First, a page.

Tabloid-sized editions of The Sydney Morning Herald and The Age may roll out as early as this year, according to Fairfax Media’s new chief operating officer, David Hoath.
Originally scheduled for 4 March 2013, the resizing – part of the Fairfax of the Future plan released last month – will provide a more “reader-friendly” format that Fairfax has positioned as an investment in print rather than a retreat to digital platforms.
“We’re absolutely committed to print, it is a critical part of our future strategy,” Hoath told AdNews. “The compact-sized mastheads will roll out by March at the latest, but it’s possible within the next six months or by the end of the year. I think we’re open-minded about the launch date. If we can get everything aligned this year, why would we wait?”
Hoath said there was no hard launch date for the roll-out. “We’ve actually got nine months, but we want to get it out to market as soon as is practical,” he said. “We’ve done a lot of work already but there’s still work to be done – it’s not as simple as just redesigning the papers’ layouts.”
The resizing is going ahead after an abortive attempt to shave 7cm off the width of The Sydney Morning Herald and The Age five years ago fell through when the global financial crisis hit.
“Australia is one of the last markets worldwide that still does broadsheet newspapers,” Hoath said. “We know from years of research resizing to compact would be welcomed by readers, particularly on weekdays. We’re confident this move will be a popular one.
“We’re not reinventing the wheel. Broadsheets all over the world have already gone to a compact size. We’re simply re-configuring our print products to a format more convenient for most readers.”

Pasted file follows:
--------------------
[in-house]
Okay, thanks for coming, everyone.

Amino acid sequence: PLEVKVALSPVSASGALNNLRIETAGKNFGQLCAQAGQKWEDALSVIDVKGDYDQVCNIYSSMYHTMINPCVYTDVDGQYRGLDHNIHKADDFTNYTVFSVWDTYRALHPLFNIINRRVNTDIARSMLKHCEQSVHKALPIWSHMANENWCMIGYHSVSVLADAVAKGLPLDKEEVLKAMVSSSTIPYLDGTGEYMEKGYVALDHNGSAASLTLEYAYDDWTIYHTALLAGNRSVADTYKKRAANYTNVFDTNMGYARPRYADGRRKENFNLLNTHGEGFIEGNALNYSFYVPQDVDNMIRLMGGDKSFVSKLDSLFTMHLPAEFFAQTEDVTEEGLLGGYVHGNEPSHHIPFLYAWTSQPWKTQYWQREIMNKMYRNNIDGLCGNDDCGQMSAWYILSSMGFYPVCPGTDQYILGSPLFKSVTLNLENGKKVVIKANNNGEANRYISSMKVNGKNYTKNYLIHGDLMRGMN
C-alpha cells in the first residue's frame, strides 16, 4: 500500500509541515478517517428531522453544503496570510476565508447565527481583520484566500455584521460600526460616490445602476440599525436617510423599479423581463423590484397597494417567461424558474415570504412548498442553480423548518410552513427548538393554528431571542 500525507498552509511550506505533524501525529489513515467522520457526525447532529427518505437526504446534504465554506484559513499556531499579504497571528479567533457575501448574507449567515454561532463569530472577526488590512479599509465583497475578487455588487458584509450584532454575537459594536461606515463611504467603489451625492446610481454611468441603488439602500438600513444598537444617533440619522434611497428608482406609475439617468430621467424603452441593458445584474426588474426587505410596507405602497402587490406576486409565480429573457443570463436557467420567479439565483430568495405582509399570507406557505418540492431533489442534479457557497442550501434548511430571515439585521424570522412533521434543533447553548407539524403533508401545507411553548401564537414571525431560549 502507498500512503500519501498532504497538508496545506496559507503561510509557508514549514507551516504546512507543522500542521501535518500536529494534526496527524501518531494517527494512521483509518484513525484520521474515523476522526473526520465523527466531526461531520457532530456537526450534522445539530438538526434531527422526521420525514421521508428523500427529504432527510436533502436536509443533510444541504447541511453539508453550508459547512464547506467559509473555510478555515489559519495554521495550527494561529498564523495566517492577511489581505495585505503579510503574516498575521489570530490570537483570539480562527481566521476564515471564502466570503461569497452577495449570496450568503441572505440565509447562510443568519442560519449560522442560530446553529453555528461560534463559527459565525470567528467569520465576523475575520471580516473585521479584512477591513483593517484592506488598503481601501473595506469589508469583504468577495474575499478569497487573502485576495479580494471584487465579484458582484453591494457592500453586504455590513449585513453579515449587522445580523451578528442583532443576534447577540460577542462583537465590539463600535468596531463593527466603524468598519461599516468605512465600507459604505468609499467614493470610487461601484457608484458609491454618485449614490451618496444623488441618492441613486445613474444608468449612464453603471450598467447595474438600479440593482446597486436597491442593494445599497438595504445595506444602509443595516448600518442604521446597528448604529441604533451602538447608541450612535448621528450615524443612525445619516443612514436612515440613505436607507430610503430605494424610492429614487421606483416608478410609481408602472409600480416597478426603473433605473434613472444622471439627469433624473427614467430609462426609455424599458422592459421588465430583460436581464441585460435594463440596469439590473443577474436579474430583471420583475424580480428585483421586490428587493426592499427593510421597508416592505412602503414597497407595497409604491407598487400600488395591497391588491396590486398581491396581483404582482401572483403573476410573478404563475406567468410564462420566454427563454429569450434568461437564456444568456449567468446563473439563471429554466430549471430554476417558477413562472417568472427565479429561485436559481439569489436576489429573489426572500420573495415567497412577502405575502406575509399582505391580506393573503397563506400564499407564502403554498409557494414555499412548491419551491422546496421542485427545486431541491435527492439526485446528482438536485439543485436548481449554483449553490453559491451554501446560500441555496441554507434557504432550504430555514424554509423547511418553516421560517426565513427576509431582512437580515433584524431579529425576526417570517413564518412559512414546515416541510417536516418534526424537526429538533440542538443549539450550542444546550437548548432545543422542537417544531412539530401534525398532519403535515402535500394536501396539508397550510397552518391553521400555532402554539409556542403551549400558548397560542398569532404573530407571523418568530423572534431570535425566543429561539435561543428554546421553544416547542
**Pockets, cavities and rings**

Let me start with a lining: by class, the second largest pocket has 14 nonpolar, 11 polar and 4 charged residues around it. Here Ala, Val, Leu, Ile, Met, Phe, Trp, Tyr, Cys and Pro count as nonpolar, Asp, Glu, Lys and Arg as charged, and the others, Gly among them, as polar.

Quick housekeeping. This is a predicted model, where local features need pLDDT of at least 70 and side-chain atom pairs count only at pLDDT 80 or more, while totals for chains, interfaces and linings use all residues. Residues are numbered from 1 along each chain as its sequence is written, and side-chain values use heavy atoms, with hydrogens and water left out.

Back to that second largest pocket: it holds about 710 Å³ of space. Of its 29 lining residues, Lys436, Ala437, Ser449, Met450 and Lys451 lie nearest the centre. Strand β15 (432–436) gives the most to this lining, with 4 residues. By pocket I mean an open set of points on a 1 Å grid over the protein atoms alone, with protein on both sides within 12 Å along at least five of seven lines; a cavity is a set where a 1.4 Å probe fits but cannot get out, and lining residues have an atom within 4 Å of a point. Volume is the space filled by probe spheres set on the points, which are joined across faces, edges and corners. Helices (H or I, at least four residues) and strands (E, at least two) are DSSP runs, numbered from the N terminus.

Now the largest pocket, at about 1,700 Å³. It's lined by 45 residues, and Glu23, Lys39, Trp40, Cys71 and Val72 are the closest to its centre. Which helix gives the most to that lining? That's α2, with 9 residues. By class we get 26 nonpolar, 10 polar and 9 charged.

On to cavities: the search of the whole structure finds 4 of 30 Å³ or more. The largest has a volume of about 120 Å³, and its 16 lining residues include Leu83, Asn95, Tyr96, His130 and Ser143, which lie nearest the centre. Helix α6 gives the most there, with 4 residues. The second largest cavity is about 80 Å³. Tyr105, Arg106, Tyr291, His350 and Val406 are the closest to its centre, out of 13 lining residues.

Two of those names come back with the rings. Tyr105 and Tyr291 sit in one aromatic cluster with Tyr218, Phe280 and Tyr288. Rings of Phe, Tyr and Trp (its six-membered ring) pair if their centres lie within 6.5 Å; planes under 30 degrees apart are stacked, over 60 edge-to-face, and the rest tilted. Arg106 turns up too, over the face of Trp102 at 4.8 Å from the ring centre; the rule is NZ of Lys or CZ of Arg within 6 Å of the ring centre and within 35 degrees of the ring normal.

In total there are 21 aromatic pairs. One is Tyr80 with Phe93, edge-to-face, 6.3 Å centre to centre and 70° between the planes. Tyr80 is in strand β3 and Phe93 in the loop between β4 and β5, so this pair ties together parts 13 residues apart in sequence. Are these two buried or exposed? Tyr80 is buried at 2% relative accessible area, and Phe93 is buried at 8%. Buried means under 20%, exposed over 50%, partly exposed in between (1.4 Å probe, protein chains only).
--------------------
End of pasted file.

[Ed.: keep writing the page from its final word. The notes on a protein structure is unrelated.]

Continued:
Fairfax Metro Media commercial director Ed Harrison said new page rates were yet to be decided. “We’re talking about the ad rates and to the market about it,” he said. “We’re looking at shifting to modular ad rates rather than the cost-per-inch model.”
MediaCom head of implementation, planning and investment Nick Keenan told AdNews: “There will be some recalibration of the rate card. When you go from broadsheet to compact size, there is a 50% reduction in centimetres. You aren’t going to ask advertisers to pay the same price for less space.”
OMD head of publishing Simon Davies said while ad space would be cheaper, it was less about page space and more about audience. “Newspaper rates are built on column space but our audience analysis is based on audience reach. Ultimately, we’re buying an audience and we don’t see that audience changing. But with less column inches to buy, effectively space would cost less,” he said.
This article first appeared in the 13 July 2012 print edition of AdNews.
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